Bedford, VA - It's been nearly seven decades since D-Day. As the years pass, first-hand accounts of the day that changed the course of history are getting harder to come by.
A special event in at the D-Day Memorial in Bedford Tuesday highlighted four stories from living Veterans.
It would be nearly impossible for Bill Oversteet, and three fellow D-Day veterans to forget what happened so many years ago.
"I remember D-Day well," Overstreet said.
Overstreet spent 8 long hours over Normandy that day as a pilot in the Army's 357th Fighter Group.
"We were able to take off in zero visibility and it stayed that way until we cleared over 20,000 feet."
When the USS Arkansas took position off Omaha Beach, Carter Fisher was waiting on board.
"We went into Omaha Beach at 2 o'clock in the morning and we set there until 5 before they started letting us fire and you talking about a long three hours to wait that was," Fisher said.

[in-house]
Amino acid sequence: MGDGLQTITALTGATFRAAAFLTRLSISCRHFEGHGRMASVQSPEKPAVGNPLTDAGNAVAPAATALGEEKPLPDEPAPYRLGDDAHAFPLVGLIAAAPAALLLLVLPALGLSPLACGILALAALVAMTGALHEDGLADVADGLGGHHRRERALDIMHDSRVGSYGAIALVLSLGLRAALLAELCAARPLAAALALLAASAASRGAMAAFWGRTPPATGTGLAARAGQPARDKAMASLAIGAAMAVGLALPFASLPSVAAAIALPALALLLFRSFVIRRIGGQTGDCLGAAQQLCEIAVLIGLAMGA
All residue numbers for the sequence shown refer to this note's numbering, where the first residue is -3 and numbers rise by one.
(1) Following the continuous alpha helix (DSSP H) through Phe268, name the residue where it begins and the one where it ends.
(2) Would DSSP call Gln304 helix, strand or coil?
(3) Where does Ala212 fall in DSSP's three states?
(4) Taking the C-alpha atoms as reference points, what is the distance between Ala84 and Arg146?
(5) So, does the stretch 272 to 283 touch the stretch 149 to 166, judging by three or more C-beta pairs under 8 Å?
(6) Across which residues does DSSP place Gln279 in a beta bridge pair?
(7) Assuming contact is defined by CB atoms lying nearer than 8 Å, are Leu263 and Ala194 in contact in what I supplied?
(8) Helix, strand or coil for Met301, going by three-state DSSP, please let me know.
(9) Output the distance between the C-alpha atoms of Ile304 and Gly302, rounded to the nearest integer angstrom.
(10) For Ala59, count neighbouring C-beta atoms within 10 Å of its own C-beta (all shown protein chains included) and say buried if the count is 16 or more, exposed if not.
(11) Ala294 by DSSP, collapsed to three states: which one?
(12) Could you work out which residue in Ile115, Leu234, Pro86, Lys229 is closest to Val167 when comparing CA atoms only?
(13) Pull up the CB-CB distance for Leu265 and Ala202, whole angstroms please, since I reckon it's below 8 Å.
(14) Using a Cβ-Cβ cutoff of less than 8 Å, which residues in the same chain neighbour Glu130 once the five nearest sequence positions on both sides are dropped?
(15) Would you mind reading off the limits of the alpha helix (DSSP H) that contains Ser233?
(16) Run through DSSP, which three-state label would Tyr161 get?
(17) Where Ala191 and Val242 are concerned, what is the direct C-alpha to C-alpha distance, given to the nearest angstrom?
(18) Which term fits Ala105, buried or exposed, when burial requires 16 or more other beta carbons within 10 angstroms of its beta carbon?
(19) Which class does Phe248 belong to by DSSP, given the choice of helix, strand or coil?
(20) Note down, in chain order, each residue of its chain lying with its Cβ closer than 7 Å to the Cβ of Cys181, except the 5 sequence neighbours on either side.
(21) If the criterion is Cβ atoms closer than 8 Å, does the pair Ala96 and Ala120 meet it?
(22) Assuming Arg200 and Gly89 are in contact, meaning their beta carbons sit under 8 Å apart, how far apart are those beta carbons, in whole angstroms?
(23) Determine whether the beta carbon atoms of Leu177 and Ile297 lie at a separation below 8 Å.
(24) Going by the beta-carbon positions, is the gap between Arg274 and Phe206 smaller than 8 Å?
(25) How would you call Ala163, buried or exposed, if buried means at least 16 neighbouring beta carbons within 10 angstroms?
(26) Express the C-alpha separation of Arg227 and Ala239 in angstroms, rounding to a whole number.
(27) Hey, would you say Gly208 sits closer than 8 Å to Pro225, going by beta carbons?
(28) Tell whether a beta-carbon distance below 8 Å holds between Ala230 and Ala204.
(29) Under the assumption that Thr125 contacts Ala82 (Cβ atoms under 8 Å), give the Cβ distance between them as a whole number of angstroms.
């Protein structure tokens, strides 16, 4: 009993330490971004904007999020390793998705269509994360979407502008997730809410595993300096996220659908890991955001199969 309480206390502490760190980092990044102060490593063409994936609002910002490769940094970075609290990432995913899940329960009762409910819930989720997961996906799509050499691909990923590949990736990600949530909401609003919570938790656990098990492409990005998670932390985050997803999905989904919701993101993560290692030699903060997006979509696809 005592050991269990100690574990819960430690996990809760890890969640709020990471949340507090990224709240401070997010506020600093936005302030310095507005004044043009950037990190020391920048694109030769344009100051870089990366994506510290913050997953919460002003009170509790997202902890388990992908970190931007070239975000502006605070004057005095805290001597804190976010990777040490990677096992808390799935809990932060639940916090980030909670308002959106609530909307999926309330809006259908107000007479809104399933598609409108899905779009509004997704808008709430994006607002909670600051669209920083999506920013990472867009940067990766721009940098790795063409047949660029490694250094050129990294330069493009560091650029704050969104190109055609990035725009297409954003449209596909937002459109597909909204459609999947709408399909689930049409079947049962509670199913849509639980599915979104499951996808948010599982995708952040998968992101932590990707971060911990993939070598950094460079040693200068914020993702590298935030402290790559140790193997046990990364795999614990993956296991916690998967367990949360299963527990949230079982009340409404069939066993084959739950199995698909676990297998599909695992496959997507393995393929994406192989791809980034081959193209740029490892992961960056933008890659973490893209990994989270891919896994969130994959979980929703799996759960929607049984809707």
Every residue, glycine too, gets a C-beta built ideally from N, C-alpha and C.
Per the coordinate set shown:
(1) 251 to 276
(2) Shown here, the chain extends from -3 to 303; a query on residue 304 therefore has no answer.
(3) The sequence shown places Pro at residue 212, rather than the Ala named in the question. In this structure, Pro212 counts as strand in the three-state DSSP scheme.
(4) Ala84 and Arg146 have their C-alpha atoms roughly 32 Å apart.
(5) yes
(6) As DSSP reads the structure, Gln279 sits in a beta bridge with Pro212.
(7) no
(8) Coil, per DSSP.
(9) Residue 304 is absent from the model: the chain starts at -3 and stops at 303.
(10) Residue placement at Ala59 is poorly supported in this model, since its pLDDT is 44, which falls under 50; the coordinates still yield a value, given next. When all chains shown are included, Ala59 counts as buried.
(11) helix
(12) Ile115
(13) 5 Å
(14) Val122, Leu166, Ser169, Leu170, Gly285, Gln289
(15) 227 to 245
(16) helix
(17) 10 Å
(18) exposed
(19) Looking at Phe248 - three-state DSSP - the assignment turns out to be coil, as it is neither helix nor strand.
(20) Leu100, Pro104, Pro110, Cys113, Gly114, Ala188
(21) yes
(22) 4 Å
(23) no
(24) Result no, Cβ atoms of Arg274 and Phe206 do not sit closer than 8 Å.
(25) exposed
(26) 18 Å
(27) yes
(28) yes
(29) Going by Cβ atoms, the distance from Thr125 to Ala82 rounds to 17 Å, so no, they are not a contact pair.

Charles "Buster" Shaeff would ferry three boatloads of servicemen to the beach that day.
"When they dropped anchor at 3 o'clock D-Day morning, they dropped the boats in the water and we went to work," Shaeff said.
Evelyn "Chappy" Kowalchuk found herself on the beaches three days later, one of only 500 flight nurses during the war.
"When we got those boys on the plane, we had the worst shock We had nurses that were training in New York and California. They had never, never seen the injuries and the blood and the pain these boys were going through," Kowalchuk said.
What the four living American heroes went through is not to be forgotten.
A quality that was not lost in a room at the D-Day Memorial, as roughly one hundred people stood to applaud.
Unfortunately ,the tragedy of war was not left on the beaches of Normandy.
Kowalchuk says of the 25 flight nurses in her unit, three would eventually commit suicide after returning home. Kowalchuk says she probably won't be able to fall asleep tonight, with all of the memories going through her mind.